- The Washington Times - Friday, June 10, 2005

Last week Secretary of State Condoleezza Rice and National Intelligence czar John Negroponte met with ambassadors of nations that are members of the Proliferation Security Initiative (PSI) to celebrate its second anniversary and praise its success. Not present was John Bolton, former undersecretary of state and prime mover behind this effort to control the spread of nuclear and other weapons of mass destruction. Mr. Bolton still awaits Senate confirmation of his appointment as U.S. ambassador to the United Nations.

The PSI is one of the most innovative ideas to come out of Washington in decades. When the Bush administration was criticized for not creating an inclusive coalition on Iraq, John Bolton quietly assembled a coalition of countries committed to stopping the spread of dangerous weapons to irresponsible and unstable regimes and terrorist groups.

The concept was developed at the National Security Council by Ambassador Bob Joseph and his staff and endorsed by Miss Rice, then national security adviser. But the State Department’s Mr. Bolton carried out the difficult creation and implemention by getting countries that disagreed with Washington on Iraq and other issues to follow its lead on this one.

The problem was what to do about North Korea, China and other countries that sold or traded missiles or nuclear, chemical or biological weapons technology. This trade was spreading weapons of mass destruction more widely and increasing the chance they could fall into the hands of terrorists.

Prior administrations tried to deal with the problem through arms-control arrangements and persuasion, including payment of blackmail. This did not work with North Korea, which took hundreds of millions of dollars in food and fuel but secretly continued developing long-range missiles and nuclear weapons.

The initial 10 governments John Bolton got to sign on to the PSI in June 2003 included such staunch U.S. allies as Britain, Australia and Japan. But France and Germany also signed while in profound disagreement with the Bush administration on other matters. The significance of this diplomatic success, which the media largely ignored, cannot be overestimated.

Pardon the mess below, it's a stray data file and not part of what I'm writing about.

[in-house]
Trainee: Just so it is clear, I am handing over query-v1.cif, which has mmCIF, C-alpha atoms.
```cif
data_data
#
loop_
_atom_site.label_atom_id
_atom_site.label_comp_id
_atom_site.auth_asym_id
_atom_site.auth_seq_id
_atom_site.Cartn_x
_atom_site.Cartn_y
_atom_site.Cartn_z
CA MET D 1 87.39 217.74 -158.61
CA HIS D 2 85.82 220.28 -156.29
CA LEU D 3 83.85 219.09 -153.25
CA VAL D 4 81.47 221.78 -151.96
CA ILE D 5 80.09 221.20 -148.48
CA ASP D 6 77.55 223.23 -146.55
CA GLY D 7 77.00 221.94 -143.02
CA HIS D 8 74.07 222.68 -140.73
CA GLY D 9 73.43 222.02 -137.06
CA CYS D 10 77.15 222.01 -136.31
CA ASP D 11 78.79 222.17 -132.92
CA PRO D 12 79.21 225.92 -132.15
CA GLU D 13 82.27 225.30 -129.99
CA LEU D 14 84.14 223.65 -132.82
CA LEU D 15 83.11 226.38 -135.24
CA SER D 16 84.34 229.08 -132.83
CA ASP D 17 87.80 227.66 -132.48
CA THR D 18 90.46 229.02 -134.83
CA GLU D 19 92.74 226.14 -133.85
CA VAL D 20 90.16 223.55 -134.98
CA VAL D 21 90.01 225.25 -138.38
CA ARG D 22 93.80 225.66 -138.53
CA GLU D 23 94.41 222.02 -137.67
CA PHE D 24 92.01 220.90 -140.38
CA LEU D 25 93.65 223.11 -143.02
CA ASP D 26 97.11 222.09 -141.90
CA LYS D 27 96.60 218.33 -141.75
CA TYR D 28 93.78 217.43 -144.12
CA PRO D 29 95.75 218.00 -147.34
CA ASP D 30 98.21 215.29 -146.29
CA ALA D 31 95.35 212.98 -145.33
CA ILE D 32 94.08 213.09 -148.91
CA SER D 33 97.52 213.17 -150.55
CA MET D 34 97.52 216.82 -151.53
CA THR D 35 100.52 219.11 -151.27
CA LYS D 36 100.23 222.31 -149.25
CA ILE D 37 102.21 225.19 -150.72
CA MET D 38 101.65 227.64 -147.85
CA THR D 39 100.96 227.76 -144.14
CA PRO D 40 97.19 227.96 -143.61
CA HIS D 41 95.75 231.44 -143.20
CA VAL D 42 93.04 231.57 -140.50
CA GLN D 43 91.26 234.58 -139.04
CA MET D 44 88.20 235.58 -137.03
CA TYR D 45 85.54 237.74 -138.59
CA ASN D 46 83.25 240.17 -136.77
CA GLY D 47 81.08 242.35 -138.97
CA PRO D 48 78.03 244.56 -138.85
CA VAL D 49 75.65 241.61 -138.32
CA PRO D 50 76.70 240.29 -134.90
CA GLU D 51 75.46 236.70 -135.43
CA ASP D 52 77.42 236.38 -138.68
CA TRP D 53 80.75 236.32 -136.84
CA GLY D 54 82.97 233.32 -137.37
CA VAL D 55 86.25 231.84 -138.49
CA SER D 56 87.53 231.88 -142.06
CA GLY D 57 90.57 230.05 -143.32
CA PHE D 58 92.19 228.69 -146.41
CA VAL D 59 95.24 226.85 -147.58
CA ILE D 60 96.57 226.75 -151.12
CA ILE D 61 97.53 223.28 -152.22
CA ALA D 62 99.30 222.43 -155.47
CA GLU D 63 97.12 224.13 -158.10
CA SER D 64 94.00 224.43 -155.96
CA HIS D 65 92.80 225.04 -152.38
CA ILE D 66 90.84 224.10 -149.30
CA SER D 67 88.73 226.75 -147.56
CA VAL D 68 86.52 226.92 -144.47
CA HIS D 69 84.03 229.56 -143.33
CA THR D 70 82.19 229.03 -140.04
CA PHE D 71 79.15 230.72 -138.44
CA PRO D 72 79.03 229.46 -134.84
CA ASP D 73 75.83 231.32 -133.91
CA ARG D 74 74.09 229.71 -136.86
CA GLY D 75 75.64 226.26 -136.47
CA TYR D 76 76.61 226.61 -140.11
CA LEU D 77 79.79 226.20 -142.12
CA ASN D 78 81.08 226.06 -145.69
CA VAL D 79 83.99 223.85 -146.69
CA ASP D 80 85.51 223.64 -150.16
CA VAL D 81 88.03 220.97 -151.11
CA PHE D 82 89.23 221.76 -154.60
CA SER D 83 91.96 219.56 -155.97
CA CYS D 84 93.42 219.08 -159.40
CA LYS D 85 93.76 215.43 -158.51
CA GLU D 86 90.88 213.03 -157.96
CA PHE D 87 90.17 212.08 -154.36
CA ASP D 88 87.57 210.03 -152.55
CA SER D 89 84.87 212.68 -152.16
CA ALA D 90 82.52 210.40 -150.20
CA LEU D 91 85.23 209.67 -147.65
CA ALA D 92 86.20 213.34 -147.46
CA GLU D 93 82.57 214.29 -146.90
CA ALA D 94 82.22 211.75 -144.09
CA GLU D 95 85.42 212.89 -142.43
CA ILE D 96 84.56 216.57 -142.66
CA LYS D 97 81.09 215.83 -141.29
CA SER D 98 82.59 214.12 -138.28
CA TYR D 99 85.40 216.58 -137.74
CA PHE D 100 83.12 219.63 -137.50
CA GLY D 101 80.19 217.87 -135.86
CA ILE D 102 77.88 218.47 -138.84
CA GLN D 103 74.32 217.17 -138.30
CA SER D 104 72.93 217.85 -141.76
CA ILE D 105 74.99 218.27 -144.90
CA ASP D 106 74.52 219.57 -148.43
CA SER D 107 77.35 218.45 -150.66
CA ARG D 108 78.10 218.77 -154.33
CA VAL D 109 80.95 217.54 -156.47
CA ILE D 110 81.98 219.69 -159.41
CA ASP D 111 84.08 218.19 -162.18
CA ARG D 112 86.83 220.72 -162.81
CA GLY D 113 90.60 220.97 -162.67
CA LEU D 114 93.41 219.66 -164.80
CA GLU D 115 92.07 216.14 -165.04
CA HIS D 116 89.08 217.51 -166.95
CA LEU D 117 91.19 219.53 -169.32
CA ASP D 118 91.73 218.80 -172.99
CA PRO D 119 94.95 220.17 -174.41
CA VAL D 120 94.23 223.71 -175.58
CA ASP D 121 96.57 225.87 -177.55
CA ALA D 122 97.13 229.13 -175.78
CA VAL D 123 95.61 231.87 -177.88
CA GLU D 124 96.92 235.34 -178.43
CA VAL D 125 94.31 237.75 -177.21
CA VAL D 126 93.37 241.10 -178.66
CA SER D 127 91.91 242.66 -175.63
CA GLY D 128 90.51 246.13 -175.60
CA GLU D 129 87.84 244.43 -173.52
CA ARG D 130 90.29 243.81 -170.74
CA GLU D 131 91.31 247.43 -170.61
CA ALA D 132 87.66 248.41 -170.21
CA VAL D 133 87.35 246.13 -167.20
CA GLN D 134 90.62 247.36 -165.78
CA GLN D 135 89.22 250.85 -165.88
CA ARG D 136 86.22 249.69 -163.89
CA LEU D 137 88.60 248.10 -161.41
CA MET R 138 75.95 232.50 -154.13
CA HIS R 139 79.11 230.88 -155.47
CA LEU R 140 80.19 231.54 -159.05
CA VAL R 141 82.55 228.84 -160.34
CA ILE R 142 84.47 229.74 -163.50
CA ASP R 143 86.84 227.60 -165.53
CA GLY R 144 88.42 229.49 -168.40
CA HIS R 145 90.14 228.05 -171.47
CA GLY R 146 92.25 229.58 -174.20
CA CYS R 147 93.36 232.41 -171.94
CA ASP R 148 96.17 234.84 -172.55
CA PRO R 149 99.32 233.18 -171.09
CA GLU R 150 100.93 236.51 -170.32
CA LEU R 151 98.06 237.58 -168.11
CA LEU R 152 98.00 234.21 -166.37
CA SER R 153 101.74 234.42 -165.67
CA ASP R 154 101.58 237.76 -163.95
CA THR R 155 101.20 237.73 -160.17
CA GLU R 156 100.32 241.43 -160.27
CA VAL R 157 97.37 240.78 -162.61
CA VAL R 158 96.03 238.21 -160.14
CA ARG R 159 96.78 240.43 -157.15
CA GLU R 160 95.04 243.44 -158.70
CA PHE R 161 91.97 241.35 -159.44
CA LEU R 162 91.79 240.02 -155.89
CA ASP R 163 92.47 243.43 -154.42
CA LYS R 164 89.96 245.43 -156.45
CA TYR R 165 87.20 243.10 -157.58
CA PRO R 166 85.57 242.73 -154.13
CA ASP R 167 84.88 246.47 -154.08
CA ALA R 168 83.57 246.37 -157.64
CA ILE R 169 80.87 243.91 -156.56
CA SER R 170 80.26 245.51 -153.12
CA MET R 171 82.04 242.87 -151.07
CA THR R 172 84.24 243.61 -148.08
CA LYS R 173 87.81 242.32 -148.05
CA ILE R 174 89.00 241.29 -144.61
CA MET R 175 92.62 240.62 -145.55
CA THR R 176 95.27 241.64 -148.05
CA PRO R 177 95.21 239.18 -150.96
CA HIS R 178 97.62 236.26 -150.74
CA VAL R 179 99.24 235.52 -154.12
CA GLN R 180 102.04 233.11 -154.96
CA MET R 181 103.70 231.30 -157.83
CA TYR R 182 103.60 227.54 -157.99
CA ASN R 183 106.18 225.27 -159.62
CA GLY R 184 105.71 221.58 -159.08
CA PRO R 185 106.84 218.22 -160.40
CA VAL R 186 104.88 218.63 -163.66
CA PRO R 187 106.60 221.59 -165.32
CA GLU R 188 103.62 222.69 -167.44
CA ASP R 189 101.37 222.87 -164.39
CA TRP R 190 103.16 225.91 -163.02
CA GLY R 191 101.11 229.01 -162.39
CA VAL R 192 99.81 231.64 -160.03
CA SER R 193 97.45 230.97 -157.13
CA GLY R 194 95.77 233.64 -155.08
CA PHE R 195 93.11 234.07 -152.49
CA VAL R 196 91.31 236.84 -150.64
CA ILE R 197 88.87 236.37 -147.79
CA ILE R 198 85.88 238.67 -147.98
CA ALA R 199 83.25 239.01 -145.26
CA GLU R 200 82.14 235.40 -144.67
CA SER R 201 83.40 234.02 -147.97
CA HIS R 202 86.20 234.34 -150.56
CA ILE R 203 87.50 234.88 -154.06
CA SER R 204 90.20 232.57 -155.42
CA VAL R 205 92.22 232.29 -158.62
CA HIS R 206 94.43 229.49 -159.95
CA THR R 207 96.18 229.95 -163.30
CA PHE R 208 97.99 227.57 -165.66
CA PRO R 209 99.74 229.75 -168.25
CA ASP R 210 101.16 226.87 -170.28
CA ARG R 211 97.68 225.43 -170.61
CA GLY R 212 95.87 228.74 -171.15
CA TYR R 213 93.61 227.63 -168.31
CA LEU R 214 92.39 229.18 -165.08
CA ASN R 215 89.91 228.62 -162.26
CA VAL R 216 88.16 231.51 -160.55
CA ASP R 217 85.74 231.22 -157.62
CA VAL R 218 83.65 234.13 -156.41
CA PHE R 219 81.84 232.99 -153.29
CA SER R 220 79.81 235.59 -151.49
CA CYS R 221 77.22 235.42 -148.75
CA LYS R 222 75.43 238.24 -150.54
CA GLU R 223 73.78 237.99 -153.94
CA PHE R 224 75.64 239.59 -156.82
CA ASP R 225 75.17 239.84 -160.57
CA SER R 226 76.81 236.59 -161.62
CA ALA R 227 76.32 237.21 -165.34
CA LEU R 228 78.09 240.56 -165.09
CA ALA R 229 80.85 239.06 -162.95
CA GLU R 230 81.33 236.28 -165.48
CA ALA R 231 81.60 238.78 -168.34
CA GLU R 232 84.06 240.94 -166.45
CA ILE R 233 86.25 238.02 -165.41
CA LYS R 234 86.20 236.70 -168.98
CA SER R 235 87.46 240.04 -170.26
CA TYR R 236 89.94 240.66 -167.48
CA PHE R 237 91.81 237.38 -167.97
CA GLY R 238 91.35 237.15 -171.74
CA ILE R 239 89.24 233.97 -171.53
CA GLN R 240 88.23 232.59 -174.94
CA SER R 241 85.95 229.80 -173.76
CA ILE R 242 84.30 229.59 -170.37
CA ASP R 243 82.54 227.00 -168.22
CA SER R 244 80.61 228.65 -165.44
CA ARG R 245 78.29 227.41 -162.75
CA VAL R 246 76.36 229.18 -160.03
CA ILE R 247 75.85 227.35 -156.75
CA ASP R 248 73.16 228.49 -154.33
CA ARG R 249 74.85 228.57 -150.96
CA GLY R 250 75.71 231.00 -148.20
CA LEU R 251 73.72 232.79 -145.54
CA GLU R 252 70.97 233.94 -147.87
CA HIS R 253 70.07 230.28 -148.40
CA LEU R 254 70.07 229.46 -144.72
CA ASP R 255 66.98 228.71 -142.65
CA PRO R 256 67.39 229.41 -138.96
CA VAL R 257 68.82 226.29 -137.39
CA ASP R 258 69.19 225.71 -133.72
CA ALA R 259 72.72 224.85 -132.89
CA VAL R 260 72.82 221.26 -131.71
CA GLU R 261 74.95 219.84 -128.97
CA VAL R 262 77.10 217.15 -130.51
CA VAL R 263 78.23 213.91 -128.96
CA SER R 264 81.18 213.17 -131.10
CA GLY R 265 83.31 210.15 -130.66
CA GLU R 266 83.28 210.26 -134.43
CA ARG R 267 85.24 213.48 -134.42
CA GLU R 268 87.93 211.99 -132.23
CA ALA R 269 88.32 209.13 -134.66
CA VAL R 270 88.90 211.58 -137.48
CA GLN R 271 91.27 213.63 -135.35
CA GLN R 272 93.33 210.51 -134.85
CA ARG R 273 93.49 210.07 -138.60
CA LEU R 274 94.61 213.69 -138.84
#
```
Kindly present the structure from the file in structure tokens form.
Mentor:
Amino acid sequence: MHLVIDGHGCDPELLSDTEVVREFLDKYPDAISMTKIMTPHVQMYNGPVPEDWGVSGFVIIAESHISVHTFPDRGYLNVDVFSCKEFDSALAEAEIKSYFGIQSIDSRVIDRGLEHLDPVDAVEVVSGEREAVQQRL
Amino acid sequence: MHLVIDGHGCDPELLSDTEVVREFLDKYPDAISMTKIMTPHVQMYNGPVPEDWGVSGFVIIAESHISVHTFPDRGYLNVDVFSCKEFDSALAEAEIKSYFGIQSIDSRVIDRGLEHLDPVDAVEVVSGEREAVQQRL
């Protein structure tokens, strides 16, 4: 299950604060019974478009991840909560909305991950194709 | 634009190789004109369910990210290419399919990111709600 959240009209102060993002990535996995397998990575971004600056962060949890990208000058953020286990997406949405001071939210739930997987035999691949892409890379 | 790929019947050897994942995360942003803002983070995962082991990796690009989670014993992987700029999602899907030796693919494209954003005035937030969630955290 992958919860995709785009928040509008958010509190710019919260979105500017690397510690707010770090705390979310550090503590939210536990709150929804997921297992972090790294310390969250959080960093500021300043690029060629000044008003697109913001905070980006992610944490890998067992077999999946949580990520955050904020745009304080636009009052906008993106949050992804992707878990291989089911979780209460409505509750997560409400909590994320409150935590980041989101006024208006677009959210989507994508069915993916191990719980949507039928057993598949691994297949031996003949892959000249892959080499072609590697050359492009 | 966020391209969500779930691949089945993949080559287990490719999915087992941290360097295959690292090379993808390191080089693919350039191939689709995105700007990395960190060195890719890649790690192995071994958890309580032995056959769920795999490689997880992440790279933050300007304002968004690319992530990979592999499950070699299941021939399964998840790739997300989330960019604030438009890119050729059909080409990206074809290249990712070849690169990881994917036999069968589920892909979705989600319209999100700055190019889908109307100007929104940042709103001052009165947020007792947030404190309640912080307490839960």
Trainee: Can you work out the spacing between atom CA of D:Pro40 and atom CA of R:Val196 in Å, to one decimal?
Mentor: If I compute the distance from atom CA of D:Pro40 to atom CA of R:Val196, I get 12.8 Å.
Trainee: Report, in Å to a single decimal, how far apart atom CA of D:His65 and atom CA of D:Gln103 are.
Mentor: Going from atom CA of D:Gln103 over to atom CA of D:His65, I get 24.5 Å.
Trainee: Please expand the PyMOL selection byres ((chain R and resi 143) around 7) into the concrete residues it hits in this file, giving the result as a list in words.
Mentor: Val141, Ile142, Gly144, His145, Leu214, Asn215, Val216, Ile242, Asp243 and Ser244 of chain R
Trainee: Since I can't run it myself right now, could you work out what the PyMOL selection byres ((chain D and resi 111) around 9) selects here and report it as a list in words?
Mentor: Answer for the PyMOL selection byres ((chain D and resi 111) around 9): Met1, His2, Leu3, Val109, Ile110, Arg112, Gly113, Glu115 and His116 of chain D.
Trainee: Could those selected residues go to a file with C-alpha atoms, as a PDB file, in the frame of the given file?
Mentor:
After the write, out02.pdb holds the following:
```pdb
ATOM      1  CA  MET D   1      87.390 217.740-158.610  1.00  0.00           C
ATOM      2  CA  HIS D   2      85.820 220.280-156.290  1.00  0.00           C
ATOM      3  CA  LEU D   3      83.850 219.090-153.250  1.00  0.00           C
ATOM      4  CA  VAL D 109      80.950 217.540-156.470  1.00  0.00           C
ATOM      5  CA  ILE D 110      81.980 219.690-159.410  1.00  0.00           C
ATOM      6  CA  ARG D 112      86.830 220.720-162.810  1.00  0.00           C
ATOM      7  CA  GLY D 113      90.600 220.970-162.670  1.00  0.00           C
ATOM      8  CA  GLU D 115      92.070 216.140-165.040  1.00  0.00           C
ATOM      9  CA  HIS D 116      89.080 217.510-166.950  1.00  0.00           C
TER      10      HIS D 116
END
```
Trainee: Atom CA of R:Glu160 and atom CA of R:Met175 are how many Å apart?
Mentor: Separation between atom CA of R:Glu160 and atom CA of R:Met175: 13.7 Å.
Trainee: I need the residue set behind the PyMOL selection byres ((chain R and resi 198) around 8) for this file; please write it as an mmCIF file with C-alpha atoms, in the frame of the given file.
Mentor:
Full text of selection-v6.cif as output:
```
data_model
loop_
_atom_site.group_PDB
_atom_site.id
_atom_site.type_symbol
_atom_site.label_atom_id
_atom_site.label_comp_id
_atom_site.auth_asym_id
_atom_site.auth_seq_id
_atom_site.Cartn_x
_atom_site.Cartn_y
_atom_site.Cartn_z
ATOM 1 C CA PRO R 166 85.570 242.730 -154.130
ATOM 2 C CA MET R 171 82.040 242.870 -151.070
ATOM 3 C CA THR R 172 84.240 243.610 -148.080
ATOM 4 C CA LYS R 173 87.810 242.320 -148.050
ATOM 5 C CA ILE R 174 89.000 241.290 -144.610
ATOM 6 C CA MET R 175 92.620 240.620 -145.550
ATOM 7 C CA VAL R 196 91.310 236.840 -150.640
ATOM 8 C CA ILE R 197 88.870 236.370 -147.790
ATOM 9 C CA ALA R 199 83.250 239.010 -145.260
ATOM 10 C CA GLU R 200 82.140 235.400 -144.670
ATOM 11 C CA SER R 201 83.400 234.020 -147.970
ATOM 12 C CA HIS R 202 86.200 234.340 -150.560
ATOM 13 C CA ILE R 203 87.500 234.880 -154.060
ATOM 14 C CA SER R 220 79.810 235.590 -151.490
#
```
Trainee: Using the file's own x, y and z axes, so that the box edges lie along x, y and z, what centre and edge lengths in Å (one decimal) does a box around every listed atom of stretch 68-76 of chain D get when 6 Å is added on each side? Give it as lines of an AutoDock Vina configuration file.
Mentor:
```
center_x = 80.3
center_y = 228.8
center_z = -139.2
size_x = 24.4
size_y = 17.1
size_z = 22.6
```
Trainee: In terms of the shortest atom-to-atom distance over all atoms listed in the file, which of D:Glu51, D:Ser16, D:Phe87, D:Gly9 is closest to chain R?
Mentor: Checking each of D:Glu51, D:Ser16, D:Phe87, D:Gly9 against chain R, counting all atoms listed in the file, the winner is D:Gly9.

Since that beginning two years ago, more than 60 countries have joined, including Russia, once the world market’s main ballistic missile supplier. Just months after its creation, the PSI helped stop a ship carrying centrifuge parts to Libya. That convinced Moammar Gadhafi to end his chemical and nuclear weapons programs and surrender the large amount of information and equipment his regime had acquired.

That led to rolling up the vast nuclear black market run by Abdul Qadeer Khan, Pakistan’s chief nuclear scientist, who reportedly dealt with some 20 countries prior to his arrest, including China, North Korea and Iran. The breakup of that ring, trading nuclear blueprints and information for money and missile technology, and the Libyan policy change, were major achievements against nuclear proliferation.

The PSI continues to enjoy success. Since its work is based on highly classified intelligence intercepts and other secret information, not much can be said publicly about its accomplishments. But last week Miss Rice revealed that in recent months 10 of our PSI partners have cooperated on 11 successful efforts.

Thanks to the work of John Bolton, the Bush administration has moved beyond appeasing tyrants. Now the administration helps other countries apply international pressure on North Korea and Iran and urge China’s cooperation. Meanwhile, U.S. military and intelligence services and their PSI allies watch for illegal shipments of weapons of mass destruction. If such shipments are suspected, PSI members can stop and board ships and force cargo planes to land.

One would expect arms control organizations to praise this unique achievement — arms control that actually works. But instead, they downplay the initiative. The probable reason is PSI only controls weapons exchanges between bad actors, while arms-control activists seem most eager to limit U.S. weapons.

Very few Washington officials can claim the kind of historic success Mr. Bolton achieved in creating an international coalition to control trade in dangerous weapons.

No one is better suited to represent the United States at the United Nations. The Senate should approve his appointment without further delay.

James T. Hackett is a contributing writer to The Washington Times and is based in Carlsbad, Calif.

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